Fourth Sunday of Easter – A

What do you do when bad things happen to good people?  This is the difficulty that Peter is faced with in the second reading today. His communities are having a torrid time.  The risen Lord had given them new hope and joy, but now they are suffering for their faith.  They have to endure persecution, torture and even death for their belief in Jesus.  Peter responds by reflecting on Jesus, who, when faced with persecution did not retaliate but bore his sufferings for love of us. ‘Christ also suffered for you, leaving you an example, so that you should follow in his steps … When he was abused, he did not return abuse; when he suffered, he did not threaten; but he entrusted himself to the one who judges justly.’ Continue reading

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Fourth Sunday of Easter – B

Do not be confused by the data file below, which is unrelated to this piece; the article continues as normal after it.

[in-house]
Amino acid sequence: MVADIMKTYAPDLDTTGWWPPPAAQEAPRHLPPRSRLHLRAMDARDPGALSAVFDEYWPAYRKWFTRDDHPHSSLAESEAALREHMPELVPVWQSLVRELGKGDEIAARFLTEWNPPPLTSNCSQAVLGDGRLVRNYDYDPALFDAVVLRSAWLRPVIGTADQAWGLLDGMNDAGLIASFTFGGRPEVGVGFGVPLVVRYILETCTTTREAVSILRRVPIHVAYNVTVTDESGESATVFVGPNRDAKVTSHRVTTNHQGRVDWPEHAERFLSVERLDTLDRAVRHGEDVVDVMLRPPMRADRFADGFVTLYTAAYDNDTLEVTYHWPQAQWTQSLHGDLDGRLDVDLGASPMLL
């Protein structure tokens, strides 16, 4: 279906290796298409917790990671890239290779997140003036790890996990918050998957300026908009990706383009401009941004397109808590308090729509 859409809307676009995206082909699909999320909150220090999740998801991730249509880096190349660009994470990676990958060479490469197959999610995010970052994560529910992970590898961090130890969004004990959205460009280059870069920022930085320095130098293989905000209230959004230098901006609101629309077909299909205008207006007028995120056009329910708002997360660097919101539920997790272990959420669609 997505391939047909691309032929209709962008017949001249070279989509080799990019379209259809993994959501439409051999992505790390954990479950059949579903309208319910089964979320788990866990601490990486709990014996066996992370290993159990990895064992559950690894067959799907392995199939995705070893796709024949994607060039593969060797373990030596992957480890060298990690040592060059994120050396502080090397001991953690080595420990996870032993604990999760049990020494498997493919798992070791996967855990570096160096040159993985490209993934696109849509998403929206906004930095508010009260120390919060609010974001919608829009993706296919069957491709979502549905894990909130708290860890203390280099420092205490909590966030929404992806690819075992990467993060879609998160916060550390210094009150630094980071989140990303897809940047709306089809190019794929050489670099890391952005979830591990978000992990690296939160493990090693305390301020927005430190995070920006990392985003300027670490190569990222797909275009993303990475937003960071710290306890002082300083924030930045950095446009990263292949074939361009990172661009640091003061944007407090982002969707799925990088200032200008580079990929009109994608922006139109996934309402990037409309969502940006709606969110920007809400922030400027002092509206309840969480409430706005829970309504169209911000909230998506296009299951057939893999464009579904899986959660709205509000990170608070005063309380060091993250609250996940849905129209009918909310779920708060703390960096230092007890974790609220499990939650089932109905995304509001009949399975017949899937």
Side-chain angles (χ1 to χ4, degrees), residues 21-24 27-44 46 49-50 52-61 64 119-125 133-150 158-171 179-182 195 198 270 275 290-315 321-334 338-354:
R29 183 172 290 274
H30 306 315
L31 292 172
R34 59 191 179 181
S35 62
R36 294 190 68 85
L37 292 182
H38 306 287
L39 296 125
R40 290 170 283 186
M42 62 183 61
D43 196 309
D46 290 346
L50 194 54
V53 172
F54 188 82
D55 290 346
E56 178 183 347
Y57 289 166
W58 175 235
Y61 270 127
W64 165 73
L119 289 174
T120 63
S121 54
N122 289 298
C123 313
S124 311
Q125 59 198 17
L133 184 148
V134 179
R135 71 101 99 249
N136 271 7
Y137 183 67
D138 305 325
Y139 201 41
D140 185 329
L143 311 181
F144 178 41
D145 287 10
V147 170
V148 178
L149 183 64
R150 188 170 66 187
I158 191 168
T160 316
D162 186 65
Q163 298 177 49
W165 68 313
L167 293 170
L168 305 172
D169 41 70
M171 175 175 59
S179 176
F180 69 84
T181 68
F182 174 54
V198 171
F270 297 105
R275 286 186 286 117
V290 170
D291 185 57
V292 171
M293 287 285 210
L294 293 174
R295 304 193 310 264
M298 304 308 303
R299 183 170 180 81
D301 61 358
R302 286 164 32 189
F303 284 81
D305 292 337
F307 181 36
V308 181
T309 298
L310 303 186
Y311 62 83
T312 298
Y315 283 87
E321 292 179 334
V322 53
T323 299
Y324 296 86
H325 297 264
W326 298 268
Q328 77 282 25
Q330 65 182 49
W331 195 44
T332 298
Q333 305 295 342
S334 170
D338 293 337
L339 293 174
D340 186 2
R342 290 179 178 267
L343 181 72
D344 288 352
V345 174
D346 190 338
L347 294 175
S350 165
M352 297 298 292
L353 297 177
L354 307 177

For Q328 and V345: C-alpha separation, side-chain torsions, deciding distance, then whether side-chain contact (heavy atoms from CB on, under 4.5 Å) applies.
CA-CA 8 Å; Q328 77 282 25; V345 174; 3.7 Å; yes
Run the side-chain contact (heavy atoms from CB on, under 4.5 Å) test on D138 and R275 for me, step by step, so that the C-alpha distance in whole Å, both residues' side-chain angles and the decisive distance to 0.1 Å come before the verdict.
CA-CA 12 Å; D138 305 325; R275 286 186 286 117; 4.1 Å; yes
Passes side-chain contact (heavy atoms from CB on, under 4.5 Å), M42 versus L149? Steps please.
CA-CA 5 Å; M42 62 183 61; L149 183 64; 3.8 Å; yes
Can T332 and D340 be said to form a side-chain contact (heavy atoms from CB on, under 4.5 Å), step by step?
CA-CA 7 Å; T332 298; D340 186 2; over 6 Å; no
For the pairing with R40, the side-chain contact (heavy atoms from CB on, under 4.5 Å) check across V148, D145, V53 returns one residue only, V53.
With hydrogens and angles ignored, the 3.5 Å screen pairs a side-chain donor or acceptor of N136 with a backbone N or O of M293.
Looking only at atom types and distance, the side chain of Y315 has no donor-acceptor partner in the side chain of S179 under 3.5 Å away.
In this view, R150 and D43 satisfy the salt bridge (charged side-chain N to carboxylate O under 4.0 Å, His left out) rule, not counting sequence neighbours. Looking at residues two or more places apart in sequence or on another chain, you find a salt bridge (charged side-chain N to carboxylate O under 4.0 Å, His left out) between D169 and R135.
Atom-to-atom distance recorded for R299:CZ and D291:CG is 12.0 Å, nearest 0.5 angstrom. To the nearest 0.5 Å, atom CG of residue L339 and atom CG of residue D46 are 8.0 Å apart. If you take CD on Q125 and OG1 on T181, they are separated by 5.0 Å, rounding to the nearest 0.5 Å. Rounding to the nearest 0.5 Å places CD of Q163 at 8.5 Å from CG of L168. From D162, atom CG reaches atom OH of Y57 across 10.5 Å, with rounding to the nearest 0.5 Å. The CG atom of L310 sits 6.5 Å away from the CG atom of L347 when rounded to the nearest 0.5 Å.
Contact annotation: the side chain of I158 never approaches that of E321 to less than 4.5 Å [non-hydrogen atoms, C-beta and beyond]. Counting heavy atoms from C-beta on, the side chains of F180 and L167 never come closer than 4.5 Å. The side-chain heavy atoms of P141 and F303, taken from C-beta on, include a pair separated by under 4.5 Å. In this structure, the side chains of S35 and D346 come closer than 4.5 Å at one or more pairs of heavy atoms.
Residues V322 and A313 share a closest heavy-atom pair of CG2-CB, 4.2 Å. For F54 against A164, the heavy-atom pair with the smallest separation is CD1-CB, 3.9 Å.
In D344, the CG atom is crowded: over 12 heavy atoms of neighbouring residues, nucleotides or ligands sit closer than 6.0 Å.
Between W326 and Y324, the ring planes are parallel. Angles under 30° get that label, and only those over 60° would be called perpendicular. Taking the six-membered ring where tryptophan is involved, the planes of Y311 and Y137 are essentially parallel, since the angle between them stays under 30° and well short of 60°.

A famous singer was on a tour of towns and villages and the people thronged to hear his magnificent voice. In one little village an old man was so enthralled with his singing that he felt bold enough to make a request. Would he be so kind as to sing ‘The Lord is my Shepherd’? The singer paused. There was something special about this request and the tone in which it was asked. He agreed on one condition; that the old man would also sing it! The poor man was taken aback, embarrassed and full of excuses. “I’m not a singer” was his basic complaint. But in the end he conceded. The singer did not disappoint. He gave a beautiful rendering of this comforting psalm. Then the old man sang. His voice was crackly and he struggled to stay in tune. Yet everyone listened. His love for this song came through and won him a captive audience.   ‘The difference between us’, the singer confessed afterwards, ‘is that I know the song but you know the Shepherd.’ Continue reading